When they're not beating people in the streets or hauling them off to be brutalized and killed, plainclothes thugs from Egypt's Central Security Services are looting private businesses. Egyptians not employed in the coercive sector have responded by creating private anti-looting patrols. This is a wonderful illustration of the fact that government police agencies are designed to pillage, rather than protect, and the emergence of spontaneous cooperative order may be a hopeful augury for the future.
The discrediting of Egypt's police organs may actually enhance the stature of the military. Writes Steve Coll of The New Yorker: "There have been reports that protesters are relieved to see the Army in the streets; no doubt, as in many other like countries, the Army has more credibility than the corrupt and often torture-prone police. The sense among generals and line officers that they have popular standing may influence the choices they now make."
That observation brings to mind Brig. Gen. Charles J. Dunlap's essay "The Origins of the American Military Coup of 2012," which was published in the Winter 1992–93 issue of the U.S. Army War College journal Parameters. Dunlap used the literary device of a smuggled prison letter composed by "Prisoner 222305759," who had been condemned to death for "treason" by the American military junta of Gen. E.T. Brutus. The junta assumed control after a series of military disasters overseas and domestic crises at home led to the disintegration of the civilian government in Washington.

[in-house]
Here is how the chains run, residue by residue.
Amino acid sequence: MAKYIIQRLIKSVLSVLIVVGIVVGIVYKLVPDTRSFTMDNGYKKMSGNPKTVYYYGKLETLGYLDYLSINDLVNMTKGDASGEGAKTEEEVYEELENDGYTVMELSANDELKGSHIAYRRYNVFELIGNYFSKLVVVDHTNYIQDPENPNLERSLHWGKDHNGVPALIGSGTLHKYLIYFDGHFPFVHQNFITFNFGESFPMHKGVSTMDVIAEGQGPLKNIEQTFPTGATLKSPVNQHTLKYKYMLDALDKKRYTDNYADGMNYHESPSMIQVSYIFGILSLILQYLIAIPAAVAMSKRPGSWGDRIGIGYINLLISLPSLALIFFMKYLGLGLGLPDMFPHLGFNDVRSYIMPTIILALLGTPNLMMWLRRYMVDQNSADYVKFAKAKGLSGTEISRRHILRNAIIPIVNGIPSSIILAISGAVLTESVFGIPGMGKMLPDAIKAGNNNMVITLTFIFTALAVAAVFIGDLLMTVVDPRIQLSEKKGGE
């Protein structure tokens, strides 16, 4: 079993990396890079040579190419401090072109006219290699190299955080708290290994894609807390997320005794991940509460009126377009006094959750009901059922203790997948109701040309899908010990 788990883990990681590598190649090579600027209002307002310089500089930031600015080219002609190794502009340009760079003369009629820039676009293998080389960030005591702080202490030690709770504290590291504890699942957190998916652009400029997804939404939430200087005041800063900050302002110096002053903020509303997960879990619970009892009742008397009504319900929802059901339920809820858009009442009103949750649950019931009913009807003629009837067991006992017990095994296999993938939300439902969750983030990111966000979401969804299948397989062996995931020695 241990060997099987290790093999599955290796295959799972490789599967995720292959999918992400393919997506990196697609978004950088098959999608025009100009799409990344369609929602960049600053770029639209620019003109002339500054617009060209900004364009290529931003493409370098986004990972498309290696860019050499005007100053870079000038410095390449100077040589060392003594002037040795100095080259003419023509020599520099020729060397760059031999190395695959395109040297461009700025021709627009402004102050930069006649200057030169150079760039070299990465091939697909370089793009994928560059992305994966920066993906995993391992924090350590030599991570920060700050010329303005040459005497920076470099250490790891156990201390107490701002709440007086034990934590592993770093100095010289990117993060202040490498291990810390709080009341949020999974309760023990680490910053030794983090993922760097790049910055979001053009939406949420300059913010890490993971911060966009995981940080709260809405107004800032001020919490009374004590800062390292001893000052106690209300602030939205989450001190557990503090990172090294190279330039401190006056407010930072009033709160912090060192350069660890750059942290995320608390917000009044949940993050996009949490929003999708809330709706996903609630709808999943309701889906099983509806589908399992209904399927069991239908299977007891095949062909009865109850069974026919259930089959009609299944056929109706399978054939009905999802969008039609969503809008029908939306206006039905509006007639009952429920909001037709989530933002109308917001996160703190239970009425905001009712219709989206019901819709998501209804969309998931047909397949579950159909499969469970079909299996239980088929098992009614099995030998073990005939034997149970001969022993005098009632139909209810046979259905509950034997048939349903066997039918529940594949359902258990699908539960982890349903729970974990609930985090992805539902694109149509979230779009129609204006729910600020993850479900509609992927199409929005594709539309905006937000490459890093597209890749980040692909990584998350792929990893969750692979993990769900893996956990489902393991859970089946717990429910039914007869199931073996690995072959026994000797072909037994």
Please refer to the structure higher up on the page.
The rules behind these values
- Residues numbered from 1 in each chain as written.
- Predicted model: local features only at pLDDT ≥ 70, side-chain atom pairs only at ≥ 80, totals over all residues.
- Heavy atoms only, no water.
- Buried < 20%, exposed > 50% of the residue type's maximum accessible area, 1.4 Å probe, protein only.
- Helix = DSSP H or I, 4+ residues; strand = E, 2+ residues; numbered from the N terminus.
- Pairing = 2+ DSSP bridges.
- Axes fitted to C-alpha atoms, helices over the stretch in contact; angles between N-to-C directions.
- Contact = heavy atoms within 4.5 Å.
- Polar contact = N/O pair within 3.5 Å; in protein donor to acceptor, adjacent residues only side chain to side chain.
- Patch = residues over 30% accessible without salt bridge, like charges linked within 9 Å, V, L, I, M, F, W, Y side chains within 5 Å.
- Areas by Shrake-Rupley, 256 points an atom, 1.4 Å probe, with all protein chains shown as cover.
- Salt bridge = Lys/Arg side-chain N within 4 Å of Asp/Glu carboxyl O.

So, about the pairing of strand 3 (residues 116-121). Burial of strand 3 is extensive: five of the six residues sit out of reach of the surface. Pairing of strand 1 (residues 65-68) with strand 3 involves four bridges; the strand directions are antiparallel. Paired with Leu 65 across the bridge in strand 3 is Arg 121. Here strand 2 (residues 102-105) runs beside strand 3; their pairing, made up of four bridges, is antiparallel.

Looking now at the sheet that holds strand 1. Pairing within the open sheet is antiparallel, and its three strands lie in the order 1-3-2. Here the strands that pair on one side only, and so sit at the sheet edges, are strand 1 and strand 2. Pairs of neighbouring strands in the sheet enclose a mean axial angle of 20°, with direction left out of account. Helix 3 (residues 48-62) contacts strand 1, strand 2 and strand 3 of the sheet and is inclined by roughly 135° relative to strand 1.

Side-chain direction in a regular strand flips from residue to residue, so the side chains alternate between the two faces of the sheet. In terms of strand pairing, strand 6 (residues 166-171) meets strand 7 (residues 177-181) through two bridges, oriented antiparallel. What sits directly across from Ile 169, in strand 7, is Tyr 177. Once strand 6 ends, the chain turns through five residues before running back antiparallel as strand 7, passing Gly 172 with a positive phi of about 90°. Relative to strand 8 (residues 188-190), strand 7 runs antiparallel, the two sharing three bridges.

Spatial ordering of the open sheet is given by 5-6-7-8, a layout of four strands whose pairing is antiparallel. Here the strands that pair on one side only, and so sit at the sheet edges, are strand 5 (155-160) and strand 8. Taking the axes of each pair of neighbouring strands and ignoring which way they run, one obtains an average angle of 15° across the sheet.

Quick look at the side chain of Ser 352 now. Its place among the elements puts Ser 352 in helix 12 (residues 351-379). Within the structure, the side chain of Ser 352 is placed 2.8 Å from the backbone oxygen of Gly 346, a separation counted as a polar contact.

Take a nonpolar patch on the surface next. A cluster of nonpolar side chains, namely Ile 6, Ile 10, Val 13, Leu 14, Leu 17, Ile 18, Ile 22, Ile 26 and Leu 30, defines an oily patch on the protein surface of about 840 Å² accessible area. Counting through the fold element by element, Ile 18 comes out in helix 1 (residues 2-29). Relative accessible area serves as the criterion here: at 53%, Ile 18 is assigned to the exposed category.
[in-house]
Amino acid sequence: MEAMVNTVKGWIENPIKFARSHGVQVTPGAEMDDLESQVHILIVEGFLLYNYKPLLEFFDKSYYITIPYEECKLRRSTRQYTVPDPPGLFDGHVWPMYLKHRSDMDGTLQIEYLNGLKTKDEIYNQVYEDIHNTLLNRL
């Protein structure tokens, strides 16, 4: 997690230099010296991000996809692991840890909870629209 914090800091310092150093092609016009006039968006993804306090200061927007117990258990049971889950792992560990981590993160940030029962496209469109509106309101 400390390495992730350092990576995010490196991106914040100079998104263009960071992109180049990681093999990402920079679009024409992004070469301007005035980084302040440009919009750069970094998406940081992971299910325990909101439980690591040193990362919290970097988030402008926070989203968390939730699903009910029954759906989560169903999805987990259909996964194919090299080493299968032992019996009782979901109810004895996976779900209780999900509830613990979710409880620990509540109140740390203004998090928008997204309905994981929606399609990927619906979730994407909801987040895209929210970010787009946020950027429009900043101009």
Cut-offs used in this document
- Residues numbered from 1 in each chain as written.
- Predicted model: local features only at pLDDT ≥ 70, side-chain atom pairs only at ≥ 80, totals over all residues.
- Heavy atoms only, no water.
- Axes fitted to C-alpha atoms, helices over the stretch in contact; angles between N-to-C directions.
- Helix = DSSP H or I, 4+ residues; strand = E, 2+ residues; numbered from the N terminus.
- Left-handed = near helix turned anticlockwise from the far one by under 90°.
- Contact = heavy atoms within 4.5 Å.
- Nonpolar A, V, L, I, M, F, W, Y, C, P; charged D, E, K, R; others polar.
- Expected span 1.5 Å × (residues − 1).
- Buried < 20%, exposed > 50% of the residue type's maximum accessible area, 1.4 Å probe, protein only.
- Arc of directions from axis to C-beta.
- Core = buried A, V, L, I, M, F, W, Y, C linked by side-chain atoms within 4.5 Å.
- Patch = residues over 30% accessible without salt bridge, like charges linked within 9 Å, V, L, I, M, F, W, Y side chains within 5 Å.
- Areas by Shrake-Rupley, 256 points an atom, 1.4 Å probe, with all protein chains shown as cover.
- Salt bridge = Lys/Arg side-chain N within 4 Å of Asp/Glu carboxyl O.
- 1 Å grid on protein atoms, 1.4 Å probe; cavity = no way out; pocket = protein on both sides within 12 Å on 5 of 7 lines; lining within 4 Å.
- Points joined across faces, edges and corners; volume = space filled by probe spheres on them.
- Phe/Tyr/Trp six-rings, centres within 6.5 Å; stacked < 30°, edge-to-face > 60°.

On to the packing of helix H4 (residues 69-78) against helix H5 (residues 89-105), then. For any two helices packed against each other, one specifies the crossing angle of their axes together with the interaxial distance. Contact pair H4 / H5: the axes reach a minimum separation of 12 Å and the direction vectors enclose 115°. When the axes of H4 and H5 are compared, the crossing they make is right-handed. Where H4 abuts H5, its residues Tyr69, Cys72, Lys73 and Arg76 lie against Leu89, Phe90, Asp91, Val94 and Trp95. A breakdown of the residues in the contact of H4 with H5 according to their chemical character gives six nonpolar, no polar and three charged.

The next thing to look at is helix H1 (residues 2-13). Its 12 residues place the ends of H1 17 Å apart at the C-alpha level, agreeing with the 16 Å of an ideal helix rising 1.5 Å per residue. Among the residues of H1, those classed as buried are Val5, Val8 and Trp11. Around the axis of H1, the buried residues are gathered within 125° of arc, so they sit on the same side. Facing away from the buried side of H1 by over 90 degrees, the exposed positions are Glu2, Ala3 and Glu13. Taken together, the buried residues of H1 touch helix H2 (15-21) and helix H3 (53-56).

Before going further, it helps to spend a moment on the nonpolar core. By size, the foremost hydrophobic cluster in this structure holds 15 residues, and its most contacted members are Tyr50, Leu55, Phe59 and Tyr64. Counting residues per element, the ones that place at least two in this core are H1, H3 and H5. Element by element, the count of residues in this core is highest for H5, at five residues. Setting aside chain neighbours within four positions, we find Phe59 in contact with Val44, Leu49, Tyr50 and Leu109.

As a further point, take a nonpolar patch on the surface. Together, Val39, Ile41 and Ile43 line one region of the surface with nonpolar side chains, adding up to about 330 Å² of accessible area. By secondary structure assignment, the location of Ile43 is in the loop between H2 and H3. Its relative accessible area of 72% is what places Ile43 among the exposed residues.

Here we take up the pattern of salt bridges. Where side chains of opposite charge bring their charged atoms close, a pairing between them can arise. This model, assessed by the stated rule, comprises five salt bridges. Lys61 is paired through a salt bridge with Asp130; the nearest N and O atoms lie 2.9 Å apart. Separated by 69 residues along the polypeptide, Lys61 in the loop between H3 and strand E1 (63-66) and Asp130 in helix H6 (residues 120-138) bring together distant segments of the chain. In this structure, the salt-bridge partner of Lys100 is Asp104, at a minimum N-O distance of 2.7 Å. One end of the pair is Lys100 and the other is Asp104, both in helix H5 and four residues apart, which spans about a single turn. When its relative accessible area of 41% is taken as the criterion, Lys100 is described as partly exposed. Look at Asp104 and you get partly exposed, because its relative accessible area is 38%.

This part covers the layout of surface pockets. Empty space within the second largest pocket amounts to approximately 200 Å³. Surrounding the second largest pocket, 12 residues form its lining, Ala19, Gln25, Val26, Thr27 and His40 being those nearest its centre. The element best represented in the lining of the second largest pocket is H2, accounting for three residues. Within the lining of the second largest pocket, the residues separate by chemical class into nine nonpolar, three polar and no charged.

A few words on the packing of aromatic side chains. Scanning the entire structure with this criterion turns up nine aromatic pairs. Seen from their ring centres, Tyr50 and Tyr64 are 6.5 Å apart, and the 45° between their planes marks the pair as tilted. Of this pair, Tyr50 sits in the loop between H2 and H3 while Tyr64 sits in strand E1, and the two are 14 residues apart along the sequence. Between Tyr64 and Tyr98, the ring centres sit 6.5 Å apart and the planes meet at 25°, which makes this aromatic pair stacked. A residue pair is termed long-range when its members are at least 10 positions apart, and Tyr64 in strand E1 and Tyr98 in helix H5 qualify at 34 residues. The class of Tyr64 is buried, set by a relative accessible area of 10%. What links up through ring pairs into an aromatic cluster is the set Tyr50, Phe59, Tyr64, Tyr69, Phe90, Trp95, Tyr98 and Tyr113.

In the decades leading up to the coup, the "Prisoner" recalled, "The one institution of government in which people retained faith was the military." Even as the public lamented the corruption and profligacy of Big Government, they had nothing but bottomless respect for the Regime's chief instrument of death and property destruction. The military retained its prestige in spite of the fact that its structural defects — made painfully visible by a long, bloody, and futile war in the Gulf — left it "unfit to engage an authentic military opponent."
While the military was no longer well-suited to fight and win wars, its subtle integration into every element of domestic life made it perfectly suited to carry out a coup: "Eventually, people became acclimated to seeing uniformed military personnel patrolling their neighborhood. Now troops are an adjunct to almost all police forces in the country. In many of the areas where much of our burgeoning population of elderly Americans live — [military dictator] Brutus calls them 'National Security Zones' — the military is often the only law enforcement agency. Consequently, the military was ideally positioned in thousands of communities to support the coup."
It's possible to see how a situation of this kind could materialize in Egypt, and how the current upheaval could result in an undisguised military junta (an outcome that would not disappoint Washington). And it's just as easy to imagine a similar scenario playing out in America, with Tea Party Republicans — for whom the military (which in our system includes our own "torture-prone" police) is sacrosanct — eagerly welcoming a military coup as "liberation" from Big Government.